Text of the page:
The gender pay gap is a complex issue created by racism, classism, and sexism that affects our paychecks, families, and careers. It shows up across all jobs, geography, and education levels. The pay gap is further widened by racism, classicism and other forms of oppression.
Latinas experience the widest pay gap, earning $.54 for every dollar earned by white, non-Hispanic men. That translates to over $2,400 a month. In fact, Latinas have to work longer than any other group to make up this gap making it more difficult to thrive and live without economic hardships.
The common thread among all Equal Pay Days is that the pandemic made the pay gap worse for all women. Many Latinas were pushed out of the workforce during COVID while balancing caregiving, remote learning, and jobs. Recovery from the pandemic has been slow for all women of color and made economic inequality even worse. And now, Latinas are also facing inflation and the end of programs that helped them survive during the pandemic.
Because of the pandemic, Latinas were more likely to struggle to afford necessities like rent and groceries. 28% of Latinas worked on the front lines of the pandemic, like healthcare, service jobs, teachers, and childcare workers, but continue to be paid less than white men in those jobs.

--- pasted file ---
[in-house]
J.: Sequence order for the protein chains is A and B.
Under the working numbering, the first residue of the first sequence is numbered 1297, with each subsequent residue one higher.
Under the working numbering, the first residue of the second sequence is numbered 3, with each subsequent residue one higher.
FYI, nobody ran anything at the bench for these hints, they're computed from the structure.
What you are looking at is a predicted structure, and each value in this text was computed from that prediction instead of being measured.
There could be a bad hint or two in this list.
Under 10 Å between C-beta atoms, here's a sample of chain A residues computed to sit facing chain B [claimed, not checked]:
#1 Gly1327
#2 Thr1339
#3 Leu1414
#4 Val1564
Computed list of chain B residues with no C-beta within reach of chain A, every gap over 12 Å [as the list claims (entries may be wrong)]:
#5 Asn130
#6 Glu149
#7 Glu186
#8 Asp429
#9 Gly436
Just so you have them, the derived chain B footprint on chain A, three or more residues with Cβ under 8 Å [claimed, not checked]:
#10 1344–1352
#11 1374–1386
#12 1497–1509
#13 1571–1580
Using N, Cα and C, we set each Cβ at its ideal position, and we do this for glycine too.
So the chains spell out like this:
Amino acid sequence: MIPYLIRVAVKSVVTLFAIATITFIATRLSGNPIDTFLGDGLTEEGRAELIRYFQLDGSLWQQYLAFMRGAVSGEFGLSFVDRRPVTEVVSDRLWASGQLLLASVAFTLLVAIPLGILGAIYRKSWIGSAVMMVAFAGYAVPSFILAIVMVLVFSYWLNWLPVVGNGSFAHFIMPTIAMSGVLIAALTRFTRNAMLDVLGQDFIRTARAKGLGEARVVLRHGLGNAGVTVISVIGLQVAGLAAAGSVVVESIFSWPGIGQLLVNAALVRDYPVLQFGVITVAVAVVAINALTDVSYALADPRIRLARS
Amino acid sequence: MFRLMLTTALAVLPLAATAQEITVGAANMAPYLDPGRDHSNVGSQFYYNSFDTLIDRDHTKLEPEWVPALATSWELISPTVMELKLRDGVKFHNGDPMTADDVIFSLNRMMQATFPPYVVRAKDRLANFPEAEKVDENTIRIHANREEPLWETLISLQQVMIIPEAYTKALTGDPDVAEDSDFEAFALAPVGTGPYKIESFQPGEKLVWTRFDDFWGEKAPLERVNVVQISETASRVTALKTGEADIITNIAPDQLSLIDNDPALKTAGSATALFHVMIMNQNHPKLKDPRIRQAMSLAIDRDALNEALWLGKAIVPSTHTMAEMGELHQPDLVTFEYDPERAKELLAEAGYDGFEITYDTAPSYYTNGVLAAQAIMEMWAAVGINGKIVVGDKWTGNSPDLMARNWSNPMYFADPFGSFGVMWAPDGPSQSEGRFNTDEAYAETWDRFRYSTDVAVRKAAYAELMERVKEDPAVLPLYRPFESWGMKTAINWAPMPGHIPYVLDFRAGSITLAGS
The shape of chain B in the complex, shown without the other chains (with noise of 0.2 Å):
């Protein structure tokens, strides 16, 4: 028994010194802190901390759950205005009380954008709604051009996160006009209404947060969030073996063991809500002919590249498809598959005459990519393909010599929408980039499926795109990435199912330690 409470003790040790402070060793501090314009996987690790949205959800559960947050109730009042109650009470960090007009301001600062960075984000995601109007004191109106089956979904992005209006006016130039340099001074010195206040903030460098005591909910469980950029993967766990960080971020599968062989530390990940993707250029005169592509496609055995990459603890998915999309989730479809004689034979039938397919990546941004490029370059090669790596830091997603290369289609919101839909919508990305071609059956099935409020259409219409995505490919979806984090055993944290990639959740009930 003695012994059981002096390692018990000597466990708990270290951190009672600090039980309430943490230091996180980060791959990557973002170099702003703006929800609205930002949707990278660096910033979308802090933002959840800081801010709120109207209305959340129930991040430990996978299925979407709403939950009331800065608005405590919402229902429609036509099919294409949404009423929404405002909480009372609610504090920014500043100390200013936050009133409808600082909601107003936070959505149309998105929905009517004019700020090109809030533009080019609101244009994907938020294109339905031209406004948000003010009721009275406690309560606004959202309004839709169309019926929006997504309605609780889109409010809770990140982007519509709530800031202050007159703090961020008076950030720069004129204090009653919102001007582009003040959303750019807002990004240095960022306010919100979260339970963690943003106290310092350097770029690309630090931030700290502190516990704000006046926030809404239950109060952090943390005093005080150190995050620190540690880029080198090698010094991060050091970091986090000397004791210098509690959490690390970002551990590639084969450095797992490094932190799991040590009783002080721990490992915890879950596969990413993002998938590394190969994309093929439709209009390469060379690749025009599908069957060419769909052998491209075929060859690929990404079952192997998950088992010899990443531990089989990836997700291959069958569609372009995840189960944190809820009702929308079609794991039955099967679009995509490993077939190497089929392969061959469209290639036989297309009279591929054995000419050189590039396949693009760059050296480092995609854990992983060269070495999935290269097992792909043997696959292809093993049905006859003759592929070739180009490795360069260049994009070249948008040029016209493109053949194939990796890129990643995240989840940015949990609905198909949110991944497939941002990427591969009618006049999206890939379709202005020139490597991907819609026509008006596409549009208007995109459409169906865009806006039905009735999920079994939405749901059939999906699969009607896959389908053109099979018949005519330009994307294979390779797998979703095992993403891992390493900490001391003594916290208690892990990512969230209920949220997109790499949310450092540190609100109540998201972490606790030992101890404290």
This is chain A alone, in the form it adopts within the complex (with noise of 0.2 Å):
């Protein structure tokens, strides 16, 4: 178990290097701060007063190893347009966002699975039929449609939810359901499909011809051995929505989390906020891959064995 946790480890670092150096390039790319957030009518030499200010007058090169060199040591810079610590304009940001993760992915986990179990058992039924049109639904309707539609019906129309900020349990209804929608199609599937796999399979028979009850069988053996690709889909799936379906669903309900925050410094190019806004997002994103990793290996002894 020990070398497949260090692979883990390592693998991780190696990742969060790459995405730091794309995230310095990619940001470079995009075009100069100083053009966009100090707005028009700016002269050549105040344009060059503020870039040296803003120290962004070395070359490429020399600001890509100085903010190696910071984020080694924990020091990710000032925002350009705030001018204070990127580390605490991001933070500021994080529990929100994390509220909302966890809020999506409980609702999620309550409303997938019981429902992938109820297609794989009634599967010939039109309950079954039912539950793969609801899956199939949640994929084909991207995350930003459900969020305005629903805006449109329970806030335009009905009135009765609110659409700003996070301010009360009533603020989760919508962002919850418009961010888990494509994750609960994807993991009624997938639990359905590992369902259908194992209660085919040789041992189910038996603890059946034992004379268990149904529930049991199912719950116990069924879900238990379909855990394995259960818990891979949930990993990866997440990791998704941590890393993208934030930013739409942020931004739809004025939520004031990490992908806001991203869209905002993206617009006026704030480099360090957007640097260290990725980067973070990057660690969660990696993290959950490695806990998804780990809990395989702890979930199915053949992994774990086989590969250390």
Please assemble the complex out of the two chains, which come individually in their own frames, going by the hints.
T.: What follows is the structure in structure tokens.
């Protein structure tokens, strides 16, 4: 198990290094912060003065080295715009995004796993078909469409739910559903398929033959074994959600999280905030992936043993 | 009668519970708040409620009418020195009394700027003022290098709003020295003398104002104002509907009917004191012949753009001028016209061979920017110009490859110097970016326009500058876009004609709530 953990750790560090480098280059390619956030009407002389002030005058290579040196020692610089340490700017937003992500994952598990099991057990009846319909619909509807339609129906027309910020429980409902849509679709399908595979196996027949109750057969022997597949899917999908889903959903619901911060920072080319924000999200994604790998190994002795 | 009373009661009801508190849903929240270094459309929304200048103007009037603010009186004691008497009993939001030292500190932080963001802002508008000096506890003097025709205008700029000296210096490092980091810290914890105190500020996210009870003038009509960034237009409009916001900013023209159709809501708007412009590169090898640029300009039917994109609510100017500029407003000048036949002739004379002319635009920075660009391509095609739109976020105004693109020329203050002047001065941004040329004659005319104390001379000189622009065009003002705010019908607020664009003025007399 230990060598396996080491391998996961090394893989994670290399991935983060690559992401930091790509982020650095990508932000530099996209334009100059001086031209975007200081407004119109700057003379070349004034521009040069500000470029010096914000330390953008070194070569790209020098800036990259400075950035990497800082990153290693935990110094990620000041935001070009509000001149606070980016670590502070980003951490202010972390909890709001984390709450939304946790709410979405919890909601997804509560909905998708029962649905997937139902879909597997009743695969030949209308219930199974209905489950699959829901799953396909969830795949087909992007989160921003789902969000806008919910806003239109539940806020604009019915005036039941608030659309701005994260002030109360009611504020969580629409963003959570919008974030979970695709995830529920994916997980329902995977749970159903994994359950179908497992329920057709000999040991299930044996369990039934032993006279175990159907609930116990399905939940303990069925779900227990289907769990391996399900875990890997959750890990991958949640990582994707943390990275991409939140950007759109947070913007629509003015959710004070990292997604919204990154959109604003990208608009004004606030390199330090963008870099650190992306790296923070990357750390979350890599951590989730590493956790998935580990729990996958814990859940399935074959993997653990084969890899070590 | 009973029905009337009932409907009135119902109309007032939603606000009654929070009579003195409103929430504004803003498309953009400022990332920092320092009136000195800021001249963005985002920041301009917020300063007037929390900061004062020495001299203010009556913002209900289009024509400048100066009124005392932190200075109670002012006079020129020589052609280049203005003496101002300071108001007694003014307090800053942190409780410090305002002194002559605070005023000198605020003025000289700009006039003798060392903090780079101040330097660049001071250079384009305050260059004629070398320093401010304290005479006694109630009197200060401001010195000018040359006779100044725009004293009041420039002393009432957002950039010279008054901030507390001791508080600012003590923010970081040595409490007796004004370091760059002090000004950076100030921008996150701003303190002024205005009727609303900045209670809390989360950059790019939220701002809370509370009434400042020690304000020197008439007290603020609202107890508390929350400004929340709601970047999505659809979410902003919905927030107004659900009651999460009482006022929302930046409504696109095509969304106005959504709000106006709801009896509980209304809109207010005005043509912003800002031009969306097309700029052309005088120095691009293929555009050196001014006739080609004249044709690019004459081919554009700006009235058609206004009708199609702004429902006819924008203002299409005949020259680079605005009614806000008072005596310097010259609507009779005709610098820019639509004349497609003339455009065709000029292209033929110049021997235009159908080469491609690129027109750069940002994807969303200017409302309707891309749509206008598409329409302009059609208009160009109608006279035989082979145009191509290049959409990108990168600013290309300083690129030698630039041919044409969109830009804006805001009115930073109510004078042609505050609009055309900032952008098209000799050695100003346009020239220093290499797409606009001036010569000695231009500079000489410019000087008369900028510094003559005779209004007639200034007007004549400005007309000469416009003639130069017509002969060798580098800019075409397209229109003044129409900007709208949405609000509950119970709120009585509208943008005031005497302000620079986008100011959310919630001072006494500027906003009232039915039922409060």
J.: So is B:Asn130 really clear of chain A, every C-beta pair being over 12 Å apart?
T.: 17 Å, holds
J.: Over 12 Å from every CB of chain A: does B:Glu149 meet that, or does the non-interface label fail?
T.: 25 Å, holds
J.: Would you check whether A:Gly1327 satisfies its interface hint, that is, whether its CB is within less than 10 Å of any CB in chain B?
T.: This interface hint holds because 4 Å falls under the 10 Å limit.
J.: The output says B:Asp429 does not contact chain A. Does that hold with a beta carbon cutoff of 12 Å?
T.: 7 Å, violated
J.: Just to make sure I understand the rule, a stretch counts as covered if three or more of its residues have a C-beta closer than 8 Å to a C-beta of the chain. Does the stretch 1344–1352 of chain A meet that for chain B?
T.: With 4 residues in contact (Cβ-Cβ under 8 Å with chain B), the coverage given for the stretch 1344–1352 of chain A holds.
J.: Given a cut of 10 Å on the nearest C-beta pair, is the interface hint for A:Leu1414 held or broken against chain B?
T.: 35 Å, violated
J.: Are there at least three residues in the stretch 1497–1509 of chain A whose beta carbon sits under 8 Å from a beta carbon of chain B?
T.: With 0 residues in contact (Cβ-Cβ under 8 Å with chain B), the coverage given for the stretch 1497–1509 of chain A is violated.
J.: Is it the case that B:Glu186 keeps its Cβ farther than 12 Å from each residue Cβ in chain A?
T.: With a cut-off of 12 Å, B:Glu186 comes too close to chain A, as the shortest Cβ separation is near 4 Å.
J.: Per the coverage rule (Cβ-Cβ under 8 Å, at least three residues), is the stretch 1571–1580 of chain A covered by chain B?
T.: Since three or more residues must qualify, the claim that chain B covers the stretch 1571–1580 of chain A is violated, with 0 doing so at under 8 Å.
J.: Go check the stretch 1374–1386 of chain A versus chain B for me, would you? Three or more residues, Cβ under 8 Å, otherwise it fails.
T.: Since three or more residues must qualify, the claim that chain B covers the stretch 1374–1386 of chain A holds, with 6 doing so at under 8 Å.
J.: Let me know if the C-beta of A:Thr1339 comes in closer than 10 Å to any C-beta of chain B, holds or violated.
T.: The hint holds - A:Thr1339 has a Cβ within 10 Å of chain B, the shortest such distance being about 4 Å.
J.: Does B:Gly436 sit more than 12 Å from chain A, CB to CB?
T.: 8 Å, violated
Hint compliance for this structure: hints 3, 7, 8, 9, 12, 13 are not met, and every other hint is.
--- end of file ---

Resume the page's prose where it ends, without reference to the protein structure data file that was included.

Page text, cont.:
We know that the pay gap is widened by racism and Black, Indigenous, Latinx, Asian, and other women of color experience both racism and sexism in the workplace that affects their paychecks and futures.
All workers in the U.S. are protected by certain rights in the workplace based on federal employment discrimination laws. The Equal Employment Opportunity Commission is responsible for enforcing federal laws that make it illegal to discriminate against a job applicant or an employee because of the person’s race, color, religion, sex (including pregnancy, transgender status, and sexual orientation), national origin, age (40 or older), disability or genetic information. You can read more about the rights all employees have here.
Most importantly, it is illegal to retaliate against employees for talking about pay. Talking about pay with your coworkers is a huge first step in creating equitable work environments. Download our zine for more information on your rights and tips to talk about the gender pay gap.
Connecting the dots between economic justice and the gender pay gap means fighting for policies at the local, state, and federal level that help working women and families achieve equity. From policies as broad as voting rights to as specific as local paid leave laws help women close the pay gap.
9to5 has long worked to end the pay gap and the persistent pay disparities that women of color face. Latinas are most likely to struggle with housing insecurity, child care costs and food insecurity. Policies that would provide affordable, accessible and culturally relevant child care and that pays workers living wages are essential. Additionally, policies like No Eviction Without Representation helps keep struggling families housed and the expanded Child Tax Credit helps keep food on the table and account for other necessities.